Short Play: The View produced in March


Death ends life, not relationships. The world premiere of “The Grateful Deadly!” will be a highly entertaining, magical, visually creative and adventurous evening of new works and 7 short plays by 6 esteemed Bay Area Playwrights! Some plays are whimsical and humorous, some are bittersweet, deep and thought provoking with perhaps a surprising twist. And a folktale told in a modernistic ancient cultural art form. Featuring an ensemble of extraordinary actors! We promise you great theatre that will spark intriguing conversations!

My short play THE VIEW is included in the Playland Productions short play anthology The Grateful Deadly which will be performed at the Exit Theatre in March, directed by Dan Wilson.

The play was originally written as part of the Monday Night Playground SF in 2016 when we were asked to write about something inspired by environmentalism. I was struck by how numb most of us are to the climate change evidence all around us and decided to write about that using one woman’s experience of going deaf to the natural rhythms she used to know well, due to grief.  I’d also been struck by a play I’d seen a few years ago in the SF Olympians Festival about dryads,  so wanted to incorporate something a little ethereal and fantastical to the piece.  Given the time-frame to write those plays, it was problematic, but I was pleased with it overall.  When Playland Productions approached and asked for the involved playwrights to provide two pieces within their theme, I felt this one would fit nicely.  With the help of director, Dan Wilson and dramaturge, Anthony Clarvoe I was happy to fix the problems we all saw with it and am excited to see it performed in March.

I hope that what audiences will take from it is the question:  what have you turned away from and no longer see or hear?


Tickets will be pay-what-you-can for all performances.  Tickets or reservations can be made on brown paper tickets and for more information about the production see the Playland Productions website.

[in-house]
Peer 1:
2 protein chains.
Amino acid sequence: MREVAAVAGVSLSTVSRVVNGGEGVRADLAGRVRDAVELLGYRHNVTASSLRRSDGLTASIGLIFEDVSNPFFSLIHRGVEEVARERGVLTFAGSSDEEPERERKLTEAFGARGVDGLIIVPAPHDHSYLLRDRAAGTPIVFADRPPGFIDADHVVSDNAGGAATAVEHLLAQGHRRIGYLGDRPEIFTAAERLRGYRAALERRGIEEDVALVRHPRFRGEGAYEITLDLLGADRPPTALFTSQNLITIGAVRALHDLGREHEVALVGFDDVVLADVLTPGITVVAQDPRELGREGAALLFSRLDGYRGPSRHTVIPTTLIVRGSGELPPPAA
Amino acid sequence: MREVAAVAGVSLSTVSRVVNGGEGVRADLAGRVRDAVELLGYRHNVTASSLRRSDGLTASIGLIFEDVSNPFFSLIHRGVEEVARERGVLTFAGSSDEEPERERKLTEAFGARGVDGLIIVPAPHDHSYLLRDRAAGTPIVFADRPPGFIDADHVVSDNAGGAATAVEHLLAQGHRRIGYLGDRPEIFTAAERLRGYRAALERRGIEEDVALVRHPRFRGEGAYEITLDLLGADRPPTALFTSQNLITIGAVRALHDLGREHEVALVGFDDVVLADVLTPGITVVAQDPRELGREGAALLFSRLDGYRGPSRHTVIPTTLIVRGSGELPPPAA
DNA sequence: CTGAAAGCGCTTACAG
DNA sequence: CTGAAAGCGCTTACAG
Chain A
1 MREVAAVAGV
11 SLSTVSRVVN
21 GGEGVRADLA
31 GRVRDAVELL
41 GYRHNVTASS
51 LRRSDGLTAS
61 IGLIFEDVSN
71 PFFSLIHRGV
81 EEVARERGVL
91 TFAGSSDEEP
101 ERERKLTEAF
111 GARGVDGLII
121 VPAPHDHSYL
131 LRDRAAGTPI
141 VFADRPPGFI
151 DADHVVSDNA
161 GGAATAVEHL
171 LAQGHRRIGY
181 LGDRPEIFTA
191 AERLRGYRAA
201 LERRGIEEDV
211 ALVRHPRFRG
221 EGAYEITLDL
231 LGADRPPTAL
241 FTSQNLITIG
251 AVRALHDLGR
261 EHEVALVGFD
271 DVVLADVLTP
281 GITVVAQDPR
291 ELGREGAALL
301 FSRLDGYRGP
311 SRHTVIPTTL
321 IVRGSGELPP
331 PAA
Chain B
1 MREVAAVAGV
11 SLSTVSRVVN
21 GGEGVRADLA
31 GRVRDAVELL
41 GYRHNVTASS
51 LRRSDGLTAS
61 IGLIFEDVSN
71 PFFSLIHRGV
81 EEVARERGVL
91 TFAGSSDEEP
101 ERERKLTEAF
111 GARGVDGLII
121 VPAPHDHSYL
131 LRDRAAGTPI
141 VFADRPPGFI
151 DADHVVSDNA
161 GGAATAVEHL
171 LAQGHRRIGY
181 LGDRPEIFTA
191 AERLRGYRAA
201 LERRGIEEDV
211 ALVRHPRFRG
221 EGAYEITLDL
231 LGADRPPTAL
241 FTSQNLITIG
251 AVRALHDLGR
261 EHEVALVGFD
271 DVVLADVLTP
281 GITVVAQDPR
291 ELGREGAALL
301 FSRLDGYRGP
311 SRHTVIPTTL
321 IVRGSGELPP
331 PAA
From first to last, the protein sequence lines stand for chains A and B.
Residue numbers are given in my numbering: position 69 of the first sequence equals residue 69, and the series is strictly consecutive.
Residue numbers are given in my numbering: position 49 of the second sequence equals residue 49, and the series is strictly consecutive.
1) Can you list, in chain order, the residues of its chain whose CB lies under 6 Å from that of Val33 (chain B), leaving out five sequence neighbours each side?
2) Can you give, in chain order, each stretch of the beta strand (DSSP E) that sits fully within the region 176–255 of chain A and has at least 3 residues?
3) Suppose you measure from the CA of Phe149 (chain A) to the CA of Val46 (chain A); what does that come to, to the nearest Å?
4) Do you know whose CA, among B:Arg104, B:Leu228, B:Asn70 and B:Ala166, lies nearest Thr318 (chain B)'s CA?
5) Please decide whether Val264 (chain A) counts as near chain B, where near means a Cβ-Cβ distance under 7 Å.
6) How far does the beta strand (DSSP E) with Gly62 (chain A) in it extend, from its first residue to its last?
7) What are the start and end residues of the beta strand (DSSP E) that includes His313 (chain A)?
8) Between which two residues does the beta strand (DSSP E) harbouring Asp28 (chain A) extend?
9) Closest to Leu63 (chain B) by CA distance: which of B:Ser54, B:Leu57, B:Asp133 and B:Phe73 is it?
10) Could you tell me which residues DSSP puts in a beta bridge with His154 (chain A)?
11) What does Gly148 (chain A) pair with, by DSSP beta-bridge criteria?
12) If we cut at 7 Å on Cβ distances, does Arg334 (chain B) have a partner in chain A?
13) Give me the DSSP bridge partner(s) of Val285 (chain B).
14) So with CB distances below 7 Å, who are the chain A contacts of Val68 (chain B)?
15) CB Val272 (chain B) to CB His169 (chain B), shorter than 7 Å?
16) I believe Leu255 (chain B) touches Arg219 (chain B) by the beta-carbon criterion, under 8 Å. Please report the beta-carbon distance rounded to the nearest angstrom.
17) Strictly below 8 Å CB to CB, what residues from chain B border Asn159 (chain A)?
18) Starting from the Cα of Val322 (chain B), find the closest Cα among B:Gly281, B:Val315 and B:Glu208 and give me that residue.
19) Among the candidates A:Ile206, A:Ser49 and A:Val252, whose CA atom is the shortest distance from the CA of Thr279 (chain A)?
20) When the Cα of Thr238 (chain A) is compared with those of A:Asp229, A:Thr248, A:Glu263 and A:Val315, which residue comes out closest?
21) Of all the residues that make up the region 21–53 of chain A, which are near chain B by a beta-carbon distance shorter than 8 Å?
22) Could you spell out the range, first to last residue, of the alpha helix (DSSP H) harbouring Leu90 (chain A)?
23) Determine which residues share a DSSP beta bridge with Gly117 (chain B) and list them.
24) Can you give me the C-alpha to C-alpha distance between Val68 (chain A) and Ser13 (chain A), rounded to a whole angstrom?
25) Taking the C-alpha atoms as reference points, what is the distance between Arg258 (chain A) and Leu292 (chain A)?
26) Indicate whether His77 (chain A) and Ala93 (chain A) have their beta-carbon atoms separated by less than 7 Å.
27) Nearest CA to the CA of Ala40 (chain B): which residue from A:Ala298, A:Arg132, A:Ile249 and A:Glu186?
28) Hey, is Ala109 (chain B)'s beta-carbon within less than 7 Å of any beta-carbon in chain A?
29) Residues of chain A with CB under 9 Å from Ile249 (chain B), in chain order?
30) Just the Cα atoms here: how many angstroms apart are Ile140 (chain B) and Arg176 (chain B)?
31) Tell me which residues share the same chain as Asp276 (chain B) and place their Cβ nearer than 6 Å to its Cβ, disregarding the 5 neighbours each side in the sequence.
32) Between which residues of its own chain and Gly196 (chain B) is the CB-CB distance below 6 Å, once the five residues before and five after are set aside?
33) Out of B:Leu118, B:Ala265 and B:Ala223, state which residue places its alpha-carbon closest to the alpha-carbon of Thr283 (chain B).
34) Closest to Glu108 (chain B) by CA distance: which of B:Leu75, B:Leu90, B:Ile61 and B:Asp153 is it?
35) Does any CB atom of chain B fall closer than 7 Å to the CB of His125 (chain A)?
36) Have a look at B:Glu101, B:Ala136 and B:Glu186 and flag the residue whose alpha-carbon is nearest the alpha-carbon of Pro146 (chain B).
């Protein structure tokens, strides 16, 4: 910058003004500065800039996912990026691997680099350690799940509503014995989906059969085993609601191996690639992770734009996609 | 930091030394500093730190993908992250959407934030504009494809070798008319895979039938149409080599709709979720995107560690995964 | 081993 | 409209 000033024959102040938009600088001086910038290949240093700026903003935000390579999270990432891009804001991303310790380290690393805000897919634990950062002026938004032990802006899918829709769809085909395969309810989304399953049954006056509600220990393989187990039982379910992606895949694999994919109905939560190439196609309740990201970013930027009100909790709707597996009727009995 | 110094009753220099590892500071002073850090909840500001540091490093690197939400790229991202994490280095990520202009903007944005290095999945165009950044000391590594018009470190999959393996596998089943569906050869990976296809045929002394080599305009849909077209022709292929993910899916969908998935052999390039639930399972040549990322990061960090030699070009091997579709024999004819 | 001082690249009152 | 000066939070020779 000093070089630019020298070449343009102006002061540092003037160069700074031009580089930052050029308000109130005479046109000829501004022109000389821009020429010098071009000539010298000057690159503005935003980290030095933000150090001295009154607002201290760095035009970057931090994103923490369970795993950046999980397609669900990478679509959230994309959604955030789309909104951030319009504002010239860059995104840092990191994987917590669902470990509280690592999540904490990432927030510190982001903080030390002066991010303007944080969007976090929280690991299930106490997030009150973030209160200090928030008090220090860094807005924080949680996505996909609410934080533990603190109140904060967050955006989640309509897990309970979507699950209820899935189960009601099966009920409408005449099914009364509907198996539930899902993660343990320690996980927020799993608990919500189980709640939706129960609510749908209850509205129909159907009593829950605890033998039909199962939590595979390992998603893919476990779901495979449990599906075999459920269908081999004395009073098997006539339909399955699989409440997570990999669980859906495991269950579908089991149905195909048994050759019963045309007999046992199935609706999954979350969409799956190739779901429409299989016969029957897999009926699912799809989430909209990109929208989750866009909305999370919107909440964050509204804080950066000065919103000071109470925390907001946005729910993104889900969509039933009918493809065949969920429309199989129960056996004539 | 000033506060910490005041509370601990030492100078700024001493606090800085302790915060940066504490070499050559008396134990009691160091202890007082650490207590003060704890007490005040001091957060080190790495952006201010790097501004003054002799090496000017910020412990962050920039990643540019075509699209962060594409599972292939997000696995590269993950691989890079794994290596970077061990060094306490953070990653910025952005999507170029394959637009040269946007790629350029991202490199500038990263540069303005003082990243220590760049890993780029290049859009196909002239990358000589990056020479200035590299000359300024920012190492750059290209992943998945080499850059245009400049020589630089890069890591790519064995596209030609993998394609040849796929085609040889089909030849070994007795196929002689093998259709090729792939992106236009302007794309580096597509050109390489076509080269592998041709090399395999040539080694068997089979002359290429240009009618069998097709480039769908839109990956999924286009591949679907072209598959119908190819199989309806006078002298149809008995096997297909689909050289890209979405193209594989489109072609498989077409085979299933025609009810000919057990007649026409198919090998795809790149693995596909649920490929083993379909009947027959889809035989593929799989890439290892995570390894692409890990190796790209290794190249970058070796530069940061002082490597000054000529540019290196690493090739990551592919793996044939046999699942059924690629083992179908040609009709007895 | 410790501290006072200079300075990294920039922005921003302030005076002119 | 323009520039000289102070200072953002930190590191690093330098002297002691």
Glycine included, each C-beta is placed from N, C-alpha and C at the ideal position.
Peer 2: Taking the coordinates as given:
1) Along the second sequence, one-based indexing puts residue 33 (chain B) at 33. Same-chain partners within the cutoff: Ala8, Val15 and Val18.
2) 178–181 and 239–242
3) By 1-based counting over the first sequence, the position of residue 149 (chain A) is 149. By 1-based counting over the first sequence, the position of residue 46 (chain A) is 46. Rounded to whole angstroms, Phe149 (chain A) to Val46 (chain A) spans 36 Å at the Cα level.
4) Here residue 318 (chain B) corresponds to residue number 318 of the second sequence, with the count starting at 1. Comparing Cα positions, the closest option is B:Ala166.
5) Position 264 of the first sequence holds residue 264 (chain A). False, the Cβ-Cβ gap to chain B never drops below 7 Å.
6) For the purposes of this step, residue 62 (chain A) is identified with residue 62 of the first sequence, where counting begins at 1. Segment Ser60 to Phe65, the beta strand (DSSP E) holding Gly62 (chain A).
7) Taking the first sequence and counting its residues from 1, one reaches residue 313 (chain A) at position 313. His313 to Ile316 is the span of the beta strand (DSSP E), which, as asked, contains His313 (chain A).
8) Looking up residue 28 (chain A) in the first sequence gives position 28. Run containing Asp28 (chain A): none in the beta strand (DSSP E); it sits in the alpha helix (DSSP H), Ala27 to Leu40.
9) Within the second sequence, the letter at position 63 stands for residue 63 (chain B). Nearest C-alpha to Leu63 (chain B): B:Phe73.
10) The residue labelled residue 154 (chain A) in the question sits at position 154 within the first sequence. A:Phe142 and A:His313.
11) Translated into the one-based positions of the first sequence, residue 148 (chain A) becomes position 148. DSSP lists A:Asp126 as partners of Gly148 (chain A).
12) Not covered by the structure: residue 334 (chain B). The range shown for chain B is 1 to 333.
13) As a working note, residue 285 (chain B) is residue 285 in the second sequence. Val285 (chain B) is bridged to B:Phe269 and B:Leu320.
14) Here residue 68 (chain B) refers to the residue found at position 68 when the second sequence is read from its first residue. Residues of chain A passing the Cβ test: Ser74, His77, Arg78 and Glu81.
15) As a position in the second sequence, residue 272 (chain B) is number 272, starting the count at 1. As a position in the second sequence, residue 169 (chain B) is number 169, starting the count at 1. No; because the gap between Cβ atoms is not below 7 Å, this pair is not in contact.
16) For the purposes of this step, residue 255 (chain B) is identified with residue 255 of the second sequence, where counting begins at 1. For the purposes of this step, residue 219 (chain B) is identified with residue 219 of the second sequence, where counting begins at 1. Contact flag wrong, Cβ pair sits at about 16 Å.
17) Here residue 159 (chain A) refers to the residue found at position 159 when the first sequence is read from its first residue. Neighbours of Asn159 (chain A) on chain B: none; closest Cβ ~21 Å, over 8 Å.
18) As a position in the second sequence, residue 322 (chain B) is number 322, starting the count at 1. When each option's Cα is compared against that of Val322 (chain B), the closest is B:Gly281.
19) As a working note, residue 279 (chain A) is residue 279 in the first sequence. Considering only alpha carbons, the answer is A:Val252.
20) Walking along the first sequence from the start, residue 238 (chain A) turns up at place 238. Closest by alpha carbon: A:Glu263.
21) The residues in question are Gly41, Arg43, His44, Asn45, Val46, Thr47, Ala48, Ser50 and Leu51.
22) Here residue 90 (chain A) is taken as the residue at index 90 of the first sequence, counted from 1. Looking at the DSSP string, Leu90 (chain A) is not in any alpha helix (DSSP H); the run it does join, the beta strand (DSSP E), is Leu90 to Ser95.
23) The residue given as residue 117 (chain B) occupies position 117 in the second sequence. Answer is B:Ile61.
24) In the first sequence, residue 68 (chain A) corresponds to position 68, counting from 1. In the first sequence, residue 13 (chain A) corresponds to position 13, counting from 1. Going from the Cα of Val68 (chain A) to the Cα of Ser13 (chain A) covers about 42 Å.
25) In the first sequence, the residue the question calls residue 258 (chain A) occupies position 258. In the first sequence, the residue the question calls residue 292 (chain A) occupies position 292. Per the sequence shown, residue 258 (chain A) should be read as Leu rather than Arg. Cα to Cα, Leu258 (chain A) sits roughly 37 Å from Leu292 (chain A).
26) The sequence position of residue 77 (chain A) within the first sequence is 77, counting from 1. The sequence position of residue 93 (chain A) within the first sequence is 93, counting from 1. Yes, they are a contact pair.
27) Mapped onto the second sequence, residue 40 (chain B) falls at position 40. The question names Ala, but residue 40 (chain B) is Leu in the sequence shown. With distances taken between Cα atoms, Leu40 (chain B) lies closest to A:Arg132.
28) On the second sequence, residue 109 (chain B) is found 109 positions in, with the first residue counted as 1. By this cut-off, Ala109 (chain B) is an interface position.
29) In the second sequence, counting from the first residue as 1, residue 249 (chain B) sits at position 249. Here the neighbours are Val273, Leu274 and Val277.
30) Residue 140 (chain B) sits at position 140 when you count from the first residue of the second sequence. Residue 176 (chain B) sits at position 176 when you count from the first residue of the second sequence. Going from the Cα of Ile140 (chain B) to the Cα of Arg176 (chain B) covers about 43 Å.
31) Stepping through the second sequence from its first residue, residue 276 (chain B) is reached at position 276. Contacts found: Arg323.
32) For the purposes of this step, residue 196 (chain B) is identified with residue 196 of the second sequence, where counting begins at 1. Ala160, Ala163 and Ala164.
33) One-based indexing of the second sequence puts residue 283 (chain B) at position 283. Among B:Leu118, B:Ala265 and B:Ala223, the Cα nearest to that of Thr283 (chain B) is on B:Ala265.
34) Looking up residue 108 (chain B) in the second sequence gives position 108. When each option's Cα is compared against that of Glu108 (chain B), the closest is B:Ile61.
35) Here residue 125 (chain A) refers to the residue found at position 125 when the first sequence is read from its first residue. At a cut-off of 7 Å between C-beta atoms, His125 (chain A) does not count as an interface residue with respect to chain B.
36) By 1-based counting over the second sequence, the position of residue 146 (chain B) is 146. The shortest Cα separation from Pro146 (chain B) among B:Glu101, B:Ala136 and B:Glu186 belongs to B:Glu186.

Back on Stage: Laramie Project

Acting, Exit Theatre, Left Coast Theatre

Sometime around the New Year I made a decision to start auditioning again, and signed up for a few that particularly interested me.  I honestly, wasn’t sure what to expect and decided that I would just take things as they came, enjoy the feeling of stretching those muscles again and not be daunted by my shockingly thin acting resume. I enjoyed the slightly surreal experience of being on the other side of the audition as I did my quick 2-minutes, especially since I was auditioning for people I’ve worked with in various other capacities before. I was pleasantly surprised to hear I’d been called back and had a lot of fun reading sides, as well as talking with other actors I’d not known before and ones I’ve known for years. Earlier today Left Coast Theatre announced the cast for their April production of The Laramie project and I’m thrilled to be one of the actors.

“In October 1998 Matthew Shepard was kidnapped, severely beaten and left to die, tied to a fence on the outskirts of Laramie, Wyoming.  Five weeks later, Moisés Kaufman and fellow members of the Tectonic Theater Project went to Laramie, and over the course of the next year, conducted more than 200 interviews with people of the town.  From these interviews they wrote the play The Laramie Project, a chronicle of the life of the town of Laramie in the year after the murder.” – Tectonic Theatre Project website